Montgomery (name)

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Montgomery or Montgomerie is a surname from a place name in Normandy.[1] Although there are many stories of its origin,[2][3][4][5] an old theory explains that the name is a corruption of "Gomer's Mount" or "Gomer's Hill" (Latin: Mons Gomeris), any of a number of hills in Europe named in attribution to the biblical patriarch Gomer,[2] but it does not explain the final -y or -ie (the phonetical evolution would have been *Montgomers) and it does not correspond to the old mentions of the place name Montgommery in Normandie : Monte Gomeri in 1032 - 1035, de Monte Gomerico in 1040 and de Monte Gumbri in 1046 - 1048.[6] More relevant is the explanation by the Germanic first name Gumarik,[7] a compound of guma "man" (see bridegroom) and rik "powerful", that regularly gives the final -ry (-ri) in the French first names and surnames (Thierry, Amaury, Henry, etc.). Moreover, the name is still used as a surname in France as Gommery,[8] from the older first name Gomeri.[9]

The earliest known person to be styled with the name is Roger de Montgomerie, found in a contemporary document as father of the 11th century Norman nobleman, Roger de Montgomerie, 1st Earl of Shrewsbury who owned the village of Montgommery, today in the Calvados département. Alternatively, a Hugh de Montgomery is given as the earl's father by a Norman chronicler writing in the next generation and some have hypothesized an error whereby Hugh is actually father of the elder Roger.

The original family were prominent in early Anglo-Norman England and gave their name to Montgomeryshire, in neighbouring Wales. In some cases, the surname of modern Montgomerys is probably derived from this Welsh place name[10] (the Scottish Montgomerys for example).[11] Seventeen counties in the United States of America as well as districts, neighbourhoods and streets around the world, have been named for people named Montgomery.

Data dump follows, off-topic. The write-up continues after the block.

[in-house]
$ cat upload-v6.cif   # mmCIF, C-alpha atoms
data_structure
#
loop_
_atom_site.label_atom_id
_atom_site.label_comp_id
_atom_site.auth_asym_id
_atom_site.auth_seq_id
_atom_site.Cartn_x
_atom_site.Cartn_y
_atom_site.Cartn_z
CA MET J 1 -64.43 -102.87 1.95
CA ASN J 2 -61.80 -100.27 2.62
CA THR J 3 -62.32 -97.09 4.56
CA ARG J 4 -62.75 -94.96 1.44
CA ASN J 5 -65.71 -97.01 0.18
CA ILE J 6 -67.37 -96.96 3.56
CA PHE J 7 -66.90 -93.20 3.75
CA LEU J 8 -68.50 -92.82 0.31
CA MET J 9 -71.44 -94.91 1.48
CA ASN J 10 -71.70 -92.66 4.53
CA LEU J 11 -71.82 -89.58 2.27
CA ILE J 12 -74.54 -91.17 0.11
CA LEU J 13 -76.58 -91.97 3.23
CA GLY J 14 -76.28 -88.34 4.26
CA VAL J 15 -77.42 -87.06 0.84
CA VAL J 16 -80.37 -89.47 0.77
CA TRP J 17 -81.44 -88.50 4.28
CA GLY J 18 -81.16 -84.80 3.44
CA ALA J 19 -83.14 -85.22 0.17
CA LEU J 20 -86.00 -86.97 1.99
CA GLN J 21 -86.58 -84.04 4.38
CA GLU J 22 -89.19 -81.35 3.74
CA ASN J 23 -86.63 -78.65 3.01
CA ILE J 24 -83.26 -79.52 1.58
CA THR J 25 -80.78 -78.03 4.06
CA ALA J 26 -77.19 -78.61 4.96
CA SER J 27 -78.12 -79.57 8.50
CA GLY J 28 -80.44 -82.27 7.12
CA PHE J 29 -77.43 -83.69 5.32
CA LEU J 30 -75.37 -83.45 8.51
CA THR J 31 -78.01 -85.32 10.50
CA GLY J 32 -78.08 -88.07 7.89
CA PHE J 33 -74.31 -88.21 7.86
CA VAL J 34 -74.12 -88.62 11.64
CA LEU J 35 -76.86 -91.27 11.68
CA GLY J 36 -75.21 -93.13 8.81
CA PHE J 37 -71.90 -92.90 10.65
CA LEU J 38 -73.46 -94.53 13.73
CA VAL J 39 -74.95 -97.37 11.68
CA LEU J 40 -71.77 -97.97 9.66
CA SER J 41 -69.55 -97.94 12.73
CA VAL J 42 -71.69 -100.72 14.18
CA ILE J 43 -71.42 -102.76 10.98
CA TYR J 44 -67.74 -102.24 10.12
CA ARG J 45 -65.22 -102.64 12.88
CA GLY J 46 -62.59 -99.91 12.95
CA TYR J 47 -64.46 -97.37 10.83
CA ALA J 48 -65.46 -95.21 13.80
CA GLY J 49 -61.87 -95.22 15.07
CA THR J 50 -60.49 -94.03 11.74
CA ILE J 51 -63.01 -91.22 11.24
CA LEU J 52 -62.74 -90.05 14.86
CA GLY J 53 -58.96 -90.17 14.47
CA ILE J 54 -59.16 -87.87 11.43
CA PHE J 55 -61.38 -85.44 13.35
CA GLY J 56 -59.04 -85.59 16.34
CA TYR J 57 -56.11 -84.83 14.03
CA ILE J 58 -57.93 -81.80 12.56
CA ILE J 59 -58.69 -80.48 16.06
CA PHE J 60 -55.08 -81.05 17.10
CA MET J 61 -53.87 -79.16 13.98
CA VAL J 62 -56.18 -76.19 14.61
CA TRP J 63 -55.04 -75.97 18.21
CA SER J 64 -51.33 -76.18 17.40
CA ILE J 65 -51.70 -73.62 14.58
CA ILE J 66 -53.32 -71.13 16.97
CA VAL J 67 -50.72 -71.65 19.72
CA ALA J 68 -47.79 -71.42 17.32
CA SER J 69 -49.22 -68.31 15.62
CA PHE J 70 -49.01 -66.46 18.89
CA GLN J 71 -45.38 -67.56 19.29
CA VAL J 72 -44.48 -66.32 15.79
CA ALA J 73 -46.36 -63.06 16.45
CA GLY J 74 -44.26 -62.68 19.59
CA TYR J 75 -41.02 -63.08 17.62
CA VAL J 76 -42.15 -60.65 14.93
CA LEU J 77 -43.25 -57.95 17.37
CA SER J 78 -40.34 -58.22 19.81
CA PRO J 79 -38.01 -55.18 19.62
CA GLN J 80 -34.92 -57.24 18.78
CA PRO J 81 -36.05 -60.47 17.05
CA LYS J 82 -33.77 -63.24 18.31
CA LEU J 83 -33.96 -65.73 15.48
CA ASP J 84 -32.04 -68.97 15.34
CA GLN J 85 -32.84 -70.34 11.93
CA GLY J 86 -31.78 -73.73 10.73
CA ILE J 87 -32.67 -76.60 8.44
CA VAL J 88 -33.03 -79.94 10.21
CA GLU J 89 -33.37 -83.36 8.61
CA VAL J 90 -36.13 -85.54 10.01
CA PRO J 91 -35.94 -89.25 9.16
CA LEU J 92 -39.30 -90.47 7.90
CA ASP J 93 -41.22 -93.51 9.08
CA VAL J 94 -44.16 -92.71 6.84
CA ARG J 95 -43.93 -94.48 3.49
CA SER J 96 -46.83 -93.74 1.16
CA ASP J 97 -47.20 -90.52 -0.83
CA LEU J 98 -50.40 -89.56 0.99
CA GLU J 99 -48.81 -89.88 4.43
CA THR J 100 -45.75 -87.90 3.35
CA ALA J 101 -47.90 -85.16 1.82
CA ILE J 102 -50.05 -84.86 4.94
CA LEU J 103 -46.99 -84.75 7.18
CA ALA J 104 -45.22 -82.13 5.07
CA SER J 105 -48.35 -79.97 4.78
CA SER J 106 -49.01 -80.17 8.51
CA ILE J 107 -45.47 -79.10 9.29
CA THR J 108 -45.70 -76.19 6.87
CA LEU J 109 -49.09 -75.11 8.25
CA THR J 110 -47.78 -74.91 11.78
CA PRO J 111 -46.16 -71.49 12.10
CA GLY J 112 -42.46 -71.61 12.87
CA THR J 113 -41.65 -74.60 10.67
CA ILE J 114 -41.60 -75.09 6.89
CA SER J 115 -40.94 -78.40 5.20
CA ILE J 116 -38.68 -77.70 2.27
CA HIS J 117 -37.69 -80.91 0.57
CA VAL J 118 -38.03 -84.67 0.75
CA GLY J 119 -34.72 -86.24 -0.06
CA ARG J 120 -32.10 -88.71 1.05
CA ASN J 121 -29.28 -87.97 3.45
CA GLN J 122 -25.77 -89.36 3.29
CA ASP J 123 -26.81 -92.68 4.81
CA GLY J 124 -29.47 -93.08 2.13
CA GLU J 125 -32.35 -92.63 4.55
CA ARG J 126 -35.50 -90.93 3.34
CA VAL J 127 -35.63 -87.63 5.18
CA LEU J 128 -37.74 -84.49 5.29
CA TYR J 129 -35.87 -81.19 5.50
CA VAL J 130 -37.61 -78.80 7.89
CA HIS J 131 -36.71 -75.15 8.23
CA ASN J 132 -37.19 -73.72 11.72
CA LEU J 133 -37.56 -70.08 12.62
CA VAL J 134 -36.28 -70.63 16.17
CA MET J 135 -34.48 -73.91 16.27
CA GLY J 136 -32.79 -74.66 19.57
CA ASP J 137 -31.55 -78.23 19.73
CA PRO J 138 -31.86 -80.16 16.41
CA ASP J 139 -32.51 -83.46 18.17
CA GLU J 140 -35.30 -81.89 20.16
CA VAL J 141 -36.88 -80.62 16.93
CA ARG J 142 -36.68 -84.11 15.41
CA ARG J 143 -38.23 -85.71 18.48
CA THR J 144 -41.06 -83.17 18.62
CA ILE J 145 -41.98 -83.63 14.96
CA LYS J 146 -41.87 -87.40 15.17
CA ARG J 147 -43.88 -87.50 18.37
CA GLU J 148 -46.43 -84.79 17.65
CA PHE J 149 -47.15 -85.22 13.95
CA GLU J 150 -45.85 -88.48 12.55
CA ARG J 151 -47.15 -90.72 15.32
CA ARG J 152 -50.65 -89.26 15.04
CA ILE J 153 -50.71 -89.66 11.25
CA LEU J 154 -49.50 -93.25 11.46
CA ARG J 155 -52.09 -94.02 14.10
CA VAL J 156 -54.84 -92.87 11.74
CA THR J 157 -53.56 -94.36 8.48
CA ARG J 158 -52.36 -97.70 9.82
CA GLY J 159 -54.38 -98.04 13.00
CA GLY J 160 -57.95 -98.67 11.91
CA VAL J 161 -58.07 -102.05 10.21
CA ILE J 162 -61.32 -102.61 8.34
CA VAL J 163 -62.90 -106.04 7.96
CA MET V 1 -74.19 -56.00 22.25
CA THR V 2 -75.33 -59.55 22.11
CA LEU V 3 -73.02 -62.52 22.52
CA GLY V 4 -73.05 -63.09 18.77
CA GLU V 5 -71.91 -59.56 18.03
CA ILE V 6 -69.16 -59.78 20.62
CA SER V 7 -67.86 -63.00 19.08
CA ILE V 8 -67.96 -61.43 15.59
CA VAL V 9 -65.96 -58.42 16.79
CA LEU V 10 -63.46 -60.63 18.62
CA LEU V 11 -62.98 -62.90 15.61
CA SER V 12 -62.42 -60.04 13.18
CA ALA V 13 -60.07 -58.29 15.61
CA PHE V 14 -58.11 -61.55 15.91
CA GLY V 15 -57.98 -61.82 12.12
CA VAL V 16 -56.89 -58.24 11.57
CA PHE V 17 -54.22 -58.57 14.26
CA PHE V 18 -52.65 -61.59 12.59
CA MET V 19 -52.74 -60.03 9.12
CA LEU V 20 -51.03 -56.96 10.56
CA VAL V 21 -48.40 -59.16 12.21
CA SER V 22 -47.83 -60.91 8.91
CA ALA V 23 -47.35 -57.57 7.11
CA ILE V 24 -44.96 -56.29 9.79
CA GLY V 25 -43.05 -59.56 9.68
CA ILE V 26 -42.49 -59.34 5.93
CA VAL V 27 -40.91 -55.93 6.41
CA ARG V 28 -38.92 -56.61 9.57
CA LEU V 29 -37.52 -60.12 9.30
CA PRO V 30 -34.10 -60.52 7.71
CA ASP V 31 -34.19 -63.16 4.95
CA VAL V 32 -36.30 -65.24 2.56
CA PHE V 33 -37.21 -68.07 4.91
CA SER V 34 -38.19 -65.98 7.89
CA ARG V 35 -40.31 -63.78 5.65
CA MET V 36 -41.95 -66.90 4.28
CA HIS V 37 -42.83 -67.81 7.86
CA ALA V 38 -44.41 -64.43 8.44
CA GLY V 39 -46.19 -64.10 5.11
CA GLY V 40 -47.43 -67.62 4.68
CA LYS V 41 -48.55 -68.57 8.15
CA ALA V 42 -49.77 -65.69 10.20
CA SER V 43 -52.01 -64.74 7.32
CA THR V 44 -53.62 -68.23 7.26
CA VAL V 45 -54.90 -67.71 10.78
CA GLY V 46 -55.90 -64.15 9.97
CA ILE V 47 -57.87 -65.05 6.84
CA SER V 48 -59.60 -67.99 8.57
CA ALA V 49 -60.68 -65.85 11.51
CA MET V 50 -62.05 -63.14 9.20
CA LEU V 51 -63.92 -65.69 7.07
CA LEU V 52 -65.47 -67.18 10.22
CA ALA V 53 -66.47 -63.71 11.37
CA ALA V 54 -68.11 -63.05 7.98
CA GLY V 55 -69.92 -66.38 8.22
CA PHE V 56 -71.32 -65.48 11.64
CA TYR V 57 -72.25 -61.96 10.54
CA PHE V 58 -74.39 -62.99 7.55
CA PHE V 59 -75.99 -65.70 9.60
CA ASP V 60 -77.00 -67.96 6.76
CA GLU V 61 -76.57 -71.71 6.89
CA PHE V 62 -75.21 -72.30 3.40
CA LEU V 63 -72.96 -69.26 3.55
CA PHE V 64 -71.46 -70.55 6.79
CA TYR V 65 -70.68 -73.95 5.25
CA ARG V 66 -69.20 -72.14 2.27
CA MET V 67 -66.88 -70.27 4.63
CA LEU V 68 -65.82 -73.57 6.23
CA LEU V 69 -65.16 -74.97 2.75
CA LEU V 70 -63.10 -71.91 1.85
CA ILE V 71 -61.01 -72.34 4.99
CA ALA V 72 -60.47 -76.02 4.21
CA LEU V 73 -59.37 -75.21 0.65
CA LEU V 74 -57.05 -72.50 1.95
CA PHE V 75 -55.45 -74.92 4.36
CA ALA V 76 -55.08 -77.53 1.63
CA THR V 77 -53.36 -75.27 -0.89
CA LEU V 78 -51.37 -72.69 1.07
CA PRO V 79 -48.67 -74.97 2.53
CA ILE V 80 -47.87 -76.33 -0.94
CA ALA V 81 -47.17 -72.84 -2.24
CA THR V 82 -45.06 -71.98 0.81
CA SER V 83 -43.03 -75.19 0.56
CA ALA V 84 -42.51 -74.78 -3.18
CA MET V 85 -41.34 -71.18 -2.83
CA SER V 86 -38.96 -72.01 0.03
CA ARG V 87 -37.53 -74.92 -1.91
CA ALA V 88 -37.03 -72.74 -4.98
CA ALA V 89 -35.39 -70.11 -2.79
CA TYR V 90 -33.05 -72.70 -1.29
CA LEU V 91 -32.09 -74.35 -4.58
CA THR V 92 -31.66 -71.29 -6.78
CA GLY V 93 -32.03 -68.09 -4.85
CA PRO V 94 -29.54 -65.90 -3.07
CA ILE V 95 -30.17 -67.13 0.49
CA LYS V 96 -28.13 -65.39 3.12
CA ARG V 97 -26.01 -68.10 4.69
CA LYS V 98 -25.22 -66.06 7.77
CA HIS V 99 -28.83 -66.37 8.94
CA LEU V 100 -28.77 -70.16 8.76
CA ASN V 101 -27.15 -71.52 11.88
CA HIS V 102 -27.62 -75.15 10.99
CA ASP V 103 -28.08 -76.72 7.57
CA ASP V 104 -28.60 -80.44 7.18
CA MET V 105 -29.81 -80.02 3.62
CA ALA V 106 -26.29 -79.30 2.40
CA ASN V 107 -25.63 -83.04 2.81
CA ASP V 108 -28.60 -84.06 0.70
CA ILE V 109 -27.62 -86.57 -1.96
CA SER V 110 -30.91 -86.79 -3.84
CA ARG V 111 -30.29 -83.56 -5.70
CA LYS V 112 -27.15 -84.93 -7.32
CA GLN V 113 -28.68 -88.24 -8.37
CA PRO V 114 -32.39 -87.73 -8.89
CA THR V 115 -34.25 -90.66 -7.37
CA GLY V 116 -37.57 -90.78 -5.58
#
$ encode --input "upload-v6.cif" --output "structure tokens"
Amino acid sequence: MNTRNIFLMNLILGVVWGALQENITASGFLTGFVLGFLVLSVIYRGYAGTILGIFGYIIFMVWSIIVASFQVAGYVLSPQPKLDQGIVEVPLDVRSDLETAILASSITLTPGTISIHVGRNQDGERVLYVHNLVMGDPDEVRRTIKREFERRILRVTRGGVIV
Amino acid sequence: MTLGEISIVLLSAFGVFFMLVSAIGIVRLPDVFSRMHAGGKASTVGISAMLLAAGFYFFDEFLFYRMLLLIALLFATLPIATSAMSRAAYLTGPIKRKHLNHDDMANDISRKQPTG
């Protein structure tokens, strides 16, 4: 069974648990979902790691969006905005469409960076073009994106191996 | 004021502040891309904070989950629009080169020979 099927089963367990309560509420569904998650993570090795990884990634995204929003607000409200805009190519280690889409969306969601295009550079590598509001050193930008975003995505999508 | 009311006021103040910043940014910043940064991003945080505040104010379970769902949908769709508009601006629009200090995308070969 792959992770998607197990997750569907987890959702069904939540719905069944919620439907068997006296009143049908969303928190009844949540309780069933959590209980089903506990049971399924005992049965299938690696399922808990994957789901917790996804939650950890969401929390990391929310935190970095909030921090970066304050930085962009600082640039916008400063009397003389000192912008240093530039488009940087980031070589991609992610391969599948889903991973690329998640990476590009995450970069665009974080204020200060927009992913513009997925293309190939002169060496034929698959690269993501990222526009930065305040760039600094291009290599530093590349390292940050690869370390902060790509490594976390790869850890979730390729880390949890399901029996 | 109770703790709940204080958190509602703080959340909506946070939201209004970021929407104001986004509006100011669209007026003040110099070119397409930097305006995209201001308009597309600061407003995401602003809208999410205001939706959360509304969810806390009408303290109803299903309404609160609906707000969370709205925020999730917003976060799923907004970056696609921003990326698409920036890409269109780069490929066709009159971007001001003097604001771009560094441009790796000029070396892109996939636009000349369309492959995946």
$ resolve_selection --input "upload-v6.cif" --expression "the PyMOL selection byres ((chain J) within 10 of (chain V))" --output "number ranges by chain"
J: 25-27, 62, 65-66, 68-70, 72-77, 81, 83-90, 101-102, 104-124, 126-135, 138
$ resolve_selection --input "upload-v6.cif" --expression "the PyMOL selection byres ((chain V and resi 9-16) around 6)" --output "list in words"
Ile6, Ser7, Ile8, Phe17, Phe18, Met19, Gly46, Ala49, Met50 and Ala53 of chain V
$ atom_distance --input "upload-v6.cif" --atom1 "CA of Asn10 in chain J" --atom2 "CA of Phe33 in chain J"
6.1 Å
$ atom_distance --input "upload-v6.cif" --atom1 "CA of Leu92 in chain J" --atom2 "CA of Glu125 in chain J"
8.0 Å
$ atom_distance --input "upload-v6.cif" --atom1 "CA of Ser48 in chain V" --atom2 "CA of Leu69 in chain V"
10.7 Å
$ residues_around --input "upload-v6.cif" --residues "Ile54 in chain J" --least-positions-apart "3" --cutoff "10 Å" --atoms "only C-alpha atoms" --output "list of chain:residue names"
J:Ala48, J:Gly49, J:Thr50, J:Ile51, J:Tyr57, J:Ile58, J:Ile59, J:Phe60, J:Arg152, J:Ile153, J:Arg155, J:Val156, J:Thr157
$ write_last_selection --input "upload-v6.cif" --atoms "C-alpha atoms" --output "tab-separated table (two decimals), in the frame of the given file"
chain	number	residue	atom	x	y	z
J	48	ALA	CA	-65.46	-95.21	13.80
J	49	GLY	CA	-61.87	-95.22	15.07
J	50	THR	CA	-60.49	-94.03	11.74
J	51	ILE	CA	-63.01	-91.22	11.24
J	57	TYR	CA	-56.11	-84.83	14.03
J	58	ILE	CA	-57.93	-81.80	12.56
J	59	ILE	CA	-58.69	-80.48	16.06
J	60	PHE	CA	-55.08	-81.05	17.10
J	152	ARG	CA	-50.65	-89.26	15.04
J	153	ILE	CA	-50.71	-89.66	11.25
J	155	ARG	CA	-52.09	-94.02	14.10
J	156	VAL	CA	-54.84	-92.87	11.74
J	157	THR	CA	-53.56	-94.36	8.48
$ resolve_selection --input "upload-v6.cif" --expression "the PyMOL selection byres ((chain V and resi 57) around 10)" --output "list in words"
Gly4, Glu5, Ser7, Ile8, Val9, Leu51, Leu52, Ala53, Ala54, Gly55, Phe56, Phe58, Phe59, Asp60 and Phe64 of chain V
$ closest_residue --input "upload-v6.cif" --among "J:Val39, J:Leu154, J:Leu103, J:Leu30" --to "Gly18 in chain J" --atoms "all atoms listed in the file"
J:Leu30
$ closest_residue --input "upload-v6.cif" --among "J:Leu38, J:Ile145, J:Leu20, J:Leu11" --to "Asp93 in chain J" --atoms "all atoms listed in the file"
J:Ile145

It may refer to:

Surname[edit]

In science and humanities[edit]

In arts and entertainment[edit]

In sports[edit]

In politics[edit]

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Other[edit]

In fiction[edit]

Given name[edit]

Fictional

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References[edit]

  1. ^ David Dobson. The Scottish Surnames of Colonial America. Baltomore, MD: Genealogical Publishing Co., 2003 p. 108.
  2. ^ a b Clemens, William Montgomery (October 1916) [1916], "ORIGIN OF THE NAME OF MONTGOMERY", The Montgomery Family Magazine 
  3. ^ "Montgomery Family History". Ancestry.com. Retrieved April 24, 2012. 
  4. ^ "Montgomery Family Crest and Name History". HouseofNames.com. Swyrich. Retrieved April 24, 2012.  External link in |publisher=, |work= (help)
  5. ^ "Last name: Montgomery". The Internet Surname Database. Name Origin Research. Retrieved April 24, 2012.  External link in |publisher=, |work= (help)
  6. ^ Ernest Nègre, Toponymie générale de la France, Librairie Droz, 1998, p. 1668, n° 29164 [1]
  7. ^ Albert Dauzat, Charles Rostaing, Dictionnaire étymologique des noms de lieu en France, Librairie Guénégaud, Paris, 1979, ISBN 2-85023-076-6, p. 470b
  8. ^ Géopatronyme : repartition of births with the surname Gommery in France [2]
  9. ^ Nègre, 1663
  10. ^ Hey, David (2000). Family Names and Family History. Hambledon Continuum. p. 46. ISBN 1 85285 255 0. 
  11. ^ Barrow, GWS (1973). The Kingdom of the Scots: Government, Church and Society From the Eleventh to the Fourteenth Century. New York: St. Martin's Press. p. 334.